On top of that, if debating isn’t right up your alley, you have plenty of other areas to explore, say you can go as a photographer, a cartoonist, or even a reporter.

From doodling on papers to capturing a delegate’s raw emotion, and eventually reaching a conclusion to the various crisis situations that are presented before you, an MUN offers you a plethora of opportunities. On top of that, MUNs teach you how to deal with people, which is what you’ll require to do a lot for the rest of your lives. An as an icing on the cake, it even helps you build a lot of contacts, and you may never know that you’d just find lifelong friends along the way.

An argument which I have heard a lot against the emergence of unconventional committees is that they don’t belong here or that they are just a marketing strategy to attract people. This may be true up to some extent, but these unconventional committees can be interpreted in a way that they give the fanboys, of the various movies and books, a pedestal to come together and have a healthy debate. From arguing on topics like “What Jon should do to protect everyone from the White Walkers” to “How can Thanos be stopped before everyone bites the dust” (literally), you’d be lying if you said you didn’t want to rant about why your favourite character is better than the others.

The argument about cash prizes – how delegates enquire about how much money they’d be getting instead of talking about the agenda – can be substantiated using the phrase “Time is money”. The world today is as fast-paced as ever and if students are taking out time to research, I think they deserve to be awarded for their dedication and commitment to the topic.

All said and done, I think MUNs are a great place to socialise and help you build your personality.. On the plus side, it might just make your day when you get the “you are too cute” anonymous chit.


Feature Image Credits: Consillium Education

Dev Chopra
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The art of debate involves mastering skills of obvious intrinsic value: the confidence to speak in public, the construction of a logical argument; and, perhaps most importantly, the willingness to hear others’ arguments and to respond to them. Model United Nations (MUNs) started off as a simulation of the workings and functioning of the United Nations, which gave young students from school and college the opportunity to discuss complex world issues, understand political conflicts and think of proactive solutions. In status quo, however, it has been reduced to a commercial competition, where students are solely motivated by the big cash prize, rather than looking forward to participate in a constructive debate and increase their knowledge.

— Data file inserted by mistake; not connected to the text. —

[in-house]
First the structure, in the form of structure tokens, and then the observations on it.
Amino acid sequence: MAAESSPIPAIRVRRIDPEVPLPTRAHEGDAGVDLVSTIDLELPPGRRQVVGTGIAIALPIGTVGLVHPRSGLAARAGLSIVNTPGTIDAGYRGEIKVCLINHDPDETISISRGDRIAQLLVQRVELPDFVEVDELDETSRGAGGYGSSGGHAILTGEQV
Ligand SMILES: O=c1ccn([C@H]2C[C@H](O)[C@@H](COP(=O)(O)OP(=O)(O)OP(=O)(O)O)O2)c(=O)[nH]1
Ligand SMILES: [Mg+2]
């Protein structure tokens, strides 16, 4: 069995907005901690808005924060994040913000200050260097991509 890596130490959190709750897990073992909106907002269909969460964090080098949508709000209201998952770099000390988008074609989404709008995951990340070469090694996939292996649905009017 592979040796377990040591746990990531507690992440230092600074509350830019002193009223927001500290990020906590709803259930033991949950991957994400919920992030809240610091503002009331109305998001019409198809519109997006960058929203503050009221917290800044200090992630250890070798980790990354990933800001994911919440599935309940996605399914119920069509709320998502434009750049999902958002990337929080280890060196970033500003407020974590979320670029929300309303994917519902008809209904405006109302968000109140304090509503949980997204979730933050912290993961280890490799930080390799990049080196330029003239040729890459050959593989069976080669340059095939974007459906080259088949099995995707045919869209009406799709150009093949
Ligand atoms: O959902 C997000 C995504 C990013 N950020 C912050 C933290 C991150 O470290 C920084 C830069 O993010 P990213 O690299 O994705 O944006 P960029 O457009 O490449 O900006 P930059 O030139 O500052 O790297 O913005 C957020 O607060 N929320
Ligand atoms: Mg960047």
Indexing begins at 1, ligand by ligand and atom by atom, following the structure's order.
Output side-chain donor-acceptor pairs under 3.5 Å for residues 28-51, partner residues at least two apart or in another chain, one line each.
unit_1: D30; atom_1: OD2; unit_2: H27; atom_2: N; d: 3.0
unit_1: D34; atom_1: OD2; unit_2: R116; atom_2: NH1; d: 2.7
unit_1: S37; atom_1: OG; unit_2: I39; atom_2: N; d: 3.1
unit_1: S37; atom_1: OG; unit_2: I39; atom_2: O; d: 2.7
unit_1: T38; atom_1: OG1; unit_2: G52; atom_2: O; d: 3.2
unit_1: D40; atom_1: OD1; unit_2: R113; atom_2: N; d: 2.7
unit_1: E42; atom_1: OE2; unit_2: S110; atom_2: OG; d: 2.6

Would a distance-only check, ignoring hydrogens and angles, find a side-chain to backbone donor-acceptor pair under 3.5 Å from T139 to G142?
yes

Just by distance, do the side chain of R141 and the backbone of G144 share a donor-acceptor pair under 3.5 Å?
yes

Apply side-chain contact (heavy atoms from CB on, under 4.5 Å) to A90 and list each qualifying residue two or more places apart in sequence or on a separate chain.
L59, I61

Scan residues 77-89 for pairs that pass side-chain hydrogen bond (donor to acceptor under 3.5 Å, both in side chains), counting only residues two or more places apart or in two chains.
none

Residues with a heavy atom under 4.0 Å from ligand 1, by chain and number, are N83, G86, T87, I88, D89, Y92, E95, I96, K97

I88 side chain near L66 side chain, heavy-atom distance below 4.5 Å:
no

When the MUN culture started, students would show up to the committee rooms dressed in loose formal clothes carrying big research binders that contained several printouts or handwritten articles from various charters and reports relevant to the agenda. The debate was constructive and followed a precise pattern, it was more about solving the problem rather than spending most of your speaking time alleging other delegates and creating unnecessary conflict. The awards were decided on the basis of how well a delegate understood the agenda and contributed substantially to the debate rather than a number of times they spoke in a committee. Lobbying in an unmoderated caucus actually meant displaying diplomatic behaviour rather than trying to assert your dominance by shouting. ‘Fake CV’s’ was a concept unknown to the world of MUNs and the participants did not actively look forward to getting a new profile picture after the conference.
The purpose of a MUN conference, ideally, is to research and arrive at a solution through negotiations, deliberations and cohesive decisions. In many cases, it has unfortunately been dumbed down to belittling the ‘opponent’ to bag the cash prize. With an overabundance of MUNs being organised in the circuit, many of bizarre committees and staggeringly high delegate fees in many, it’s a certainty that the culture has seen a significant shift over the past years.

Regardless of anyone’s motive for attending a MUN conference- be it to improve on spoken skills, an upgrade for the C.V, to attend the social events, or to simply get a new Display Picture clicked for Facebook; MUNs have left an indelible first mark on many young debaters. Those who have kept a traditional MUN’s sanctity intact should be lauded, and the ones who strive to indulge in meaningful learning experiences through a dialogue of relevant facts are praiseworthy examples. These conferences have been a stepping stone for a career in diplomacy and International Relations for many young speakers and enthusiastic research-oriented students. It hones speaking skills, encourages political awareness and develops leadership skills, and teaches the art of negotiation to students. Reducing it to just another competition undermines the value of this unique concept, and ensures the money-making part overshadows the learning experience gained. The question of its improvement begs to be a rhetoric, but there are plausible solutions nevertheless. Restricting on ‘socials’ and inviting only the serious candidates can easily be achieved by any organiser. The rest entirely depends on the delegates; their willingness to learn through constructive debating and greater emphasis on research can define newer, better paths for this concept.

Feature Image Credits: United Nations

Bhavya Banerjee

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Vijeata Balani